Memorandum by the Secretary of State of a Conversation With the French Ambassador (Laboulaye)

During the Ambassador’s call I referred to the substance of the recent reply of this Government to the Emperor of Ethiopia about the Paris Pact, emphasizing the statement in our note that this country was naturally interested in peace in every part of the world. I then asked the Ambassador what he knew about the situation and about the state of mind of his Government towards the Italian-Ethiopian problem which seemed to be growing more acute.

The Ambassador said he had no information on the subject.

I then went on to say that I felt the matter was of such extreme importance that I was justified in making inquiries about the state of mind of a great Government like the French, not only because we were both signatories of the Paris Peace Pact, but on account of the extremely war-like utterances of Mr. Mussolini during the past few days coupled with additional shipments of soldiers and armaments from Italy to Ethiopia; that a war between Italy and Ethiopia would be bad enough, but it was entirely within the range of possibility that it would in due time spread back into more than one part of Europe with its unimaginable, devastating effects. I said that in the light of these possibilities and as an equal friend of the people of all the Governments concerned, I would be interested in the most confidential way to have the benefit of any information or ideas that governing officials at Paris might have in mind, either present or prospective, relative to any material phase of the problem which seemingly was gradually presenting itself in the Italian-Ethiopian situation.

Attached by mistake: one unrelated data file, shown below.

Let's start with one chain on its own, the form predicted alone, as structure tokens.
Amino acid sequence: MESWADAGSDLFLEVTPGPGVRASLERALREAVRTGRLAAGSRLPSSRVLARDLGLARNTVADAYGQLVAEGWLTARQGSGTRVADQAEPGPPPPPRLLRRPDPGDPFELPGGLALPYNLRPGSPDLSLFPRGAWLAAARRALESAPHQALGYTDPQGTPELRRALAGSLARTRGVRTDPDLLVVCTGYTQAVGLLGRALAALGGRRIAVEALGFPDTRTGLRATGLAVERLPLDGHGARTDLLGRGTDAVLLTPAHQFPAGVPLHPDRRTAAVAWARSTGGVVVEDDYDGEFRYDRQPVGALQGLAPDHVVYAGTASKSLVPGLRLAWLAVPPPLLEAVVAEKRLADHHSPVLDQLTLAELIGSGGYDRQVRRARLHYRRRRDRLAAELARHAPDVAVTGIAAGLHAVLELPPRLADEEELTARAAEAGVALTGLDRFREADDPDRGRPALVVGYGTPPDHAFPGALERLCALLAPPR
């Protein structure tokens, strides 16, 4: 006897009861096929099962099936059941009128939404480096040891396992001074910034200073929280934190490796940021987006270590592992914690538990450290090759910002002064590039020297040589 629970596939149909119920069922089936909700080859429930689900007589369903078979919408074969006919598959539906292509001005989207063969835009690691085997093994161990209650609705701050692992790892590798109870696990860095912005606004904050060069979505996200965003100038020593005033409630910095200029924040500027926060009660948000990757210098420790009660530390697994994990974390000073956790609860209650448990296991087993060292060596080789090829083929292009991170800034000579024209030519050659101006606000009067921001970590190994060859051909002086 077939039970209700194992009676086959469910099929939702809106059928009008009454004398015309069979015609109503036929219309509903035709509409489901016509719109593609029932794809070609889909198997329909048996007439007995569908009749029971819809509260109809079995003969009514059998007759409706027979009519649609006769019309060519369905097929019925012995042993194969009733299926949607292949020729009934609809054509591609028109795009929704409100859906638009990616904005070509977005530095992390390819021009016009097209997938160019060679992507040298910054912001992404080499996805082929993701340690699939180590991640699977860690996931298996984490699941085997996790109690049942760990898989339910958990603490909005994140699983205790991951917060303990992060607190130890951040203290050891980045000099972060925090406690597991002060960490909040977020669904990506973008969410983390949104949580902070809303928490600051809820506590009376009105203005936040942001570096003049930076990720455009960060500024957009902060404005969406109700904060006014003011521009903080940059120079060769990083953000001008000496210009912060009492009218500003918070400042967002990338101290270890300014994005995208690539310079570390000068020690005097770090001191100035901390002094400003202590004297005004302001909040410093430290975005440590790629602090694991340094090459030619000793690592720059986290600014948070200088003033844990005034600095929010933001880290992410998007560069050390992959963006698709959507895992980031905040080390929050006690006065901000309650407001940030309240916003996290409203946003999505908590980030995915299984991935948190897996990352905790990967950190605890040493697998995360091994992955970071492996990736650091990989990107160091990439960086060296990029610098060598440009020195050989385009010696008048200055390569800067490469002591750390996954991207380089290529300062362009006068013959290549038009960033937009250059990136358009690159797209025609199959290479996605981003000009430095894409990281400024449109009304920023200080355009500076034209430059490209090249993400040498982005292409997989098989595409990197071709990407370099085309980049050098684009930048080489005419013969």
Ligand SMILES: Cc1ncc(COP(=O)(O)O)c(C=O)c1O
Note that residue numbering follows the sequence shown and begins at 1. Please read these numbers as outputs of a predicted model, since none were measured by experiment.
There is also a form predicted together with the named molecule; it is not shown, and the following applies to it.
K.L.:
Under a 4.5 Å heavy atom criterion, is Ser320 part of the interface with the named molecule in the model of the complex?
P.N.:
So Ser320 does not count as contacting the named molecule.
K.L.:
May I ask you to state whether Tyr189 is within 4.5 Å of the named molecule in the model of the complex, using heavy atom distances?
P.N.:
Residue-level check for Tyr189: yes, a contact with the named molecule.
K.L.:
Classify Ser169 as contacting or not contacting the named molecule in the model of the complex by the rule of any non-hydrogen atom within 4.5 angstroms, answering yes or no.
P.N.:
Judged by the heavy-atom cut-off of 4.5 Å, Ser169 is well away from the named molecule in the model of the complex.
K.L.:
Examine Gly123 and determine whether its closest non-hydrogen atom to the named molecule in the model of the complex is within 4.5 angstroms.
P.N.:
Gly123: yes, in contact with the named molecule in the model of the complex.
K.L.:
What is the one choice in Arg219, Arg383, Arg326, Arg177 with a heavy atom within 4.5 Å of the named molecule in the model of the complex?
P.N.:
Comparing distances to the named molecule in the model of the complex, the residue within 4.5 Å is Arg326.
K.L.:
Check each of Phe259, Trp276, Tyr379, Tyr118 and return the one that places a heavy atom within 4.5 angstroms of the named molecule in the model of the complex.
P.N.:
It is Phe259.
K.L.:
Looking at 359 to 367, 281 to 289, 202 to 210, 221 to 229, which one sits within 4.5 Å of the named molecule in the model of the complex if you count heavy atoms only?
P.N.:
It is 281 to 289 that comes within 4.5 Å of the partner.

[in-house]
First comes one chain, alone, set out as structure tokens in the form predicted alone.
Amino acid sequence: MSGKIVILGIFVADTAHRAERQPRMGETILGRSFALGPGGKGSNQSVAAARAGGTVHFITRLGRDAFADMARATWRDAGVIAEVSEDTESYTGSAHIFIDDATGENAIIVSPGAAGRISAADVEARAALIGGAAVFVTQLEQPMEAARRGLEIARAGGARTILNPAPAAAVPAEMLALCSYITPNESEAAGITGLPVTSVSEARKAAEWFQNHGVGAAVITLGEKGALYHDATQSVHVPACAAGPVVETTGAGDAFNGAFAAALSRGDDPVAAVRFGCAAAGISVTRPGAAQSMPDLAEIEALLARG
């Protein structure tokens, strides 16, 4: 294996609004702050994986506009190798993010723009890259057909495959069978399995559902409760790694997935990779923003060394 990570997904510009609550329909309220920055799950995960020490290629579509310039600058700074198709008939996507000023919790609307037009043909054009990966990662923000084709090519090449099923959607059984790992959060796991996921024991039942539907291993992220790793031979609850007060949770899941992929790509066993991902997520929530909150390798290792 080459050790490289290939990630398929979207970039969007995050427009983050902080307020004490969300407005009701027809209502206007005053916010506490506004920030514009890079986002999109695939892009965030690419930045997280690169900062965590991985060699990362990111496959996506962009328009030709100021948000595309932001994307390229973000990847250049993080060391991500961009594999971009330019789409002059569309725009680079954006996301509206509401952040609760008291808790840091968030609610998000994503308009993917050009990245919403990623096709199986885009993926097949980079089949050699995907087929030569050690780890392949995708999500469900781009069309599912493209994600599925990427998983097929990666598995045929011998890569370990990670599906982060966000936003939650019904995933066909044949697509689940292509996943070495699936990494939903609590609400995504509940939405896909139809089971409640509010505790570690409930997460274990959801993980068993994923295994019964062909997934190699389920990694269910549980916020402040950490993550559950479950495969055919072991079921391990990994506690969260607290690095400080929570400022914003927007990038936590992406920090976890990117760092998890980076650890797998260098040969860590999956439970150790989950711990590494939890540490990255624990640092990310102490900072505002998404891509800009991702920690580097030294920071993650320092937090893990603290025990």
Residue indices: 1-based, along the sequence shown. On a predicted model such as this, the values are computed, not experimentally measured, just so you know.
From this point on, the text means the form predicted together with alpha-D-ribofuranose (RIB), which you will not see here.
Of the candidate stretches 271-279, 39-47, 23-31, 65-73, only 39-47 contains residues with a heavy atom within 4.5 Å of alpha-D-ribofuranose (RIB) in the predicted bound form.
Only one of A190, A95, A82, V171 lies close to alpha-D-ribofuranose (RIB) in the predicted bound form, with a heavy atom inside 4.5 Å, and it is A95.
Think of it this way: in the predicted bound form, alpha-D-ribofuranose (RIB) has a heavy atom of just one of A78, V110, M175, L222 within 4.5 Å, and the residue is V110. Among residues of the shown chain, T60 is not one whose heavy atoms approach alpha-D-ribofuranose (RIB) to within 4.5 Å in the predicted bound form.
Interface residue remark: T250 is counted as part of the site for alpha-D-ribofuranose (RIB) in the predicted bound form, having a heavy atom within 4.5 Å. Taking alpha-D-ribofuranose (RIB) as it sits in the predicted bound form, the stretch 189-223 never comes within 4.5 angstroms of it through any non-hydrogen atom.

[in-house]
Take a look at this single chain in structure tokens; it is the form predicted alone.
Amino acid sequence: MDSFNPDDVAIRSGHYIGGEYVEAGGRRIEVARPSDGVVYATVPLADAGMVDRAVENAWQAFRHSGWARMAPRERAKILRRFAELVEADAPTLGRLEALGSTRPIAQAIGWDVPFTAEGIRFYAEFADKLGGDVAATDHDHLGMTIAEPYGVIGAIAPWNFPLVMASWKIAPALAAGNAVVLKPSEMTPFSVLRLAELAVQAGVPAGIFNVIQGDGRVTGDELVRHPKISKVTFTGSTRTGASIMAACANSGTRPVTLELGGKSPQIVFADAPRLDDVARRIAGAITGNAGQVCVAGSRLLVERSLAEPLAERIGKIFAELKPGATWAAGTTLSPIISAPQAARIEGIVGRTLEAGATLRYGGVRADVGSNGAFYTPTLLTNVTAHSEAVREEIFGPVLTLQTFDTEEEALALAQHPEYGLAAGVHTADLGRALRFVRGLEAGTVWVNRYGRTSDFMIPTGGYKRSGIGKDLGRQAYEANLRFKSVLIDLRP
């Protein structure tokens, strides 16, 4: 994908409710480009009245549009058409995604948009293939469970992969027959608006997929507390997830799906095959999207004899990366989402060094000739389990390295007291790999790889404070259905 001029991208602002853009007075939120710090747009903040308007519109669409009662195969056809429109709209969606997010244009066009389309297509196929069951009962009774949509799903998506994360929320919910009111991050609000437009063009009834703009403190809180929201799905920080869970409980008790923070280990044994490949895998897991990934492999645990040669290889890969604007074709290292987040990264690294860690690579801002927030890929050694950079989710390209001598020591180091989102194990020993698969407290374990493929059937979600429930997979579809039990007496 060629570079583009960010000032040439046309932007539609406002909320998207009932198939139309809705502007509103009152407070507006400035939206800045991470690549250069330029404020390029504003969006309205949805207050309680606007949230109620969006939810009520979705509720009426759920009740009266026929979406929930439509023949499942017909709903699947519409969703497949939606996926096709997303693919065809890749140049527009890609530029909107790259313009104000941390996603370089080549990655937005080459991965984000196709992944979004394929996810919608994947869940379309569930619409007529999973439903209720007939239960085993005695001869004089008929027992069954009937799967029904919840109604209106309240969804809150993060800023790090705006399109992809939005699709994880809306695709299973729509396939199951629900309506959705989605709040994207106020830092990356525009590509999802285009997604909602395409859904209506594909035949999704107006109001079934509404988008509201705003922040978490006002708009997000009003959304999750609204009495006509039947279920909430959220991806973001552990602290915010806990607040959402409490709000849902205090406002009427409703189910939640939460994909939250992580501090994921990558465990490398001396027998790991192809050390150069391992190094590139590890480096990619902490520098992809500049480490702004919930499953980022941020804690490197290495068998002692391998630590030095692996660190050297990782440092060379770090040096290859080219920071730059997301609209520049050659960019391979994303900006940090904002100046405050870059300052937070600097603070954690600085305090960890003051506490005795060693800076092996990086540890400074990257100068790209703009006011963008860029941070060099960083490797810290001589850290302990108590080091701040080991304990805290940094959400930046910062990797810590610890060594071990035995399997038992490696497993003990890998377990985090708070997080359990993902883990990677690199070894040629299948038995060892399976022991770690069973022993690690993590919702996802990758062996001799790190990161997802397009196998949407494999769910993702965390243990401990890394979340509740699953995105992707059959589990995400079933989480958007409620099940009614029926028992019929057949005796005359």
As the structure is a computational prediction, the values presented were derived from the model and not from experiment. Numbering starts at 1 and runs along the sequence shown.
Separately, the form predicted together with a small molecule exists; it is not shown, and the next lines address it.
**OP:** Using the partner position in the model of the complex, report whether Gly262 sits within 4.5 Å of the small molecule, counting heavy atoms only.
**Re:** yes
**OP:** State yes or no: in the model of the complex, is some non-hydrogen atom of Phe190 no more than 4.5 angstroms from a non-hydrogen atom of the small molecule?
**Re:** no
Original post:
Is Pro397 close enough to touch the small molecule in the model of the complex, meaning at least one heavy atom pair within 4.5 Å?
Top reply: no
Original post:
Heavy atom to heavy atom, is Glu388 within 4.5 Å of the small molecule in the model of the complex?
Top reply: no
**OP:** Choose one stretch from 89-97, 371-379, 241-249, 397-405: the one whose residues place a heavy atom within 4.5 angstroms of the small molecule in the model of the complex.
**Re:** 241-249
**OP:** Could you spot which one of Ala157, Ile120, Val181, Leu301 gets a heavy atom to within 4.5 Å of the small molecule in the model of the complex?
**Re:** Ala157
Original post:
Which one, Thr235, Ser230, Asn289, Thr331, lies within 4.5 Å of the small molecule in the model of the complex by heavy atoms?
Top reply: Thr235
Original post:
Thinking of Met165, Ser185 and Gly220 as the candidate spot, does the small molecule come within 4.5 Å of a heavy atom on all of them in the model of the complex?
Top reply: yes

The Ambassador indicated his appreciation of this viewpoint and the seriousness of it and added that he would be glad to see what his Government had on its mind, presently or prospectively, if anything, in the foregoing connection.

cordell hull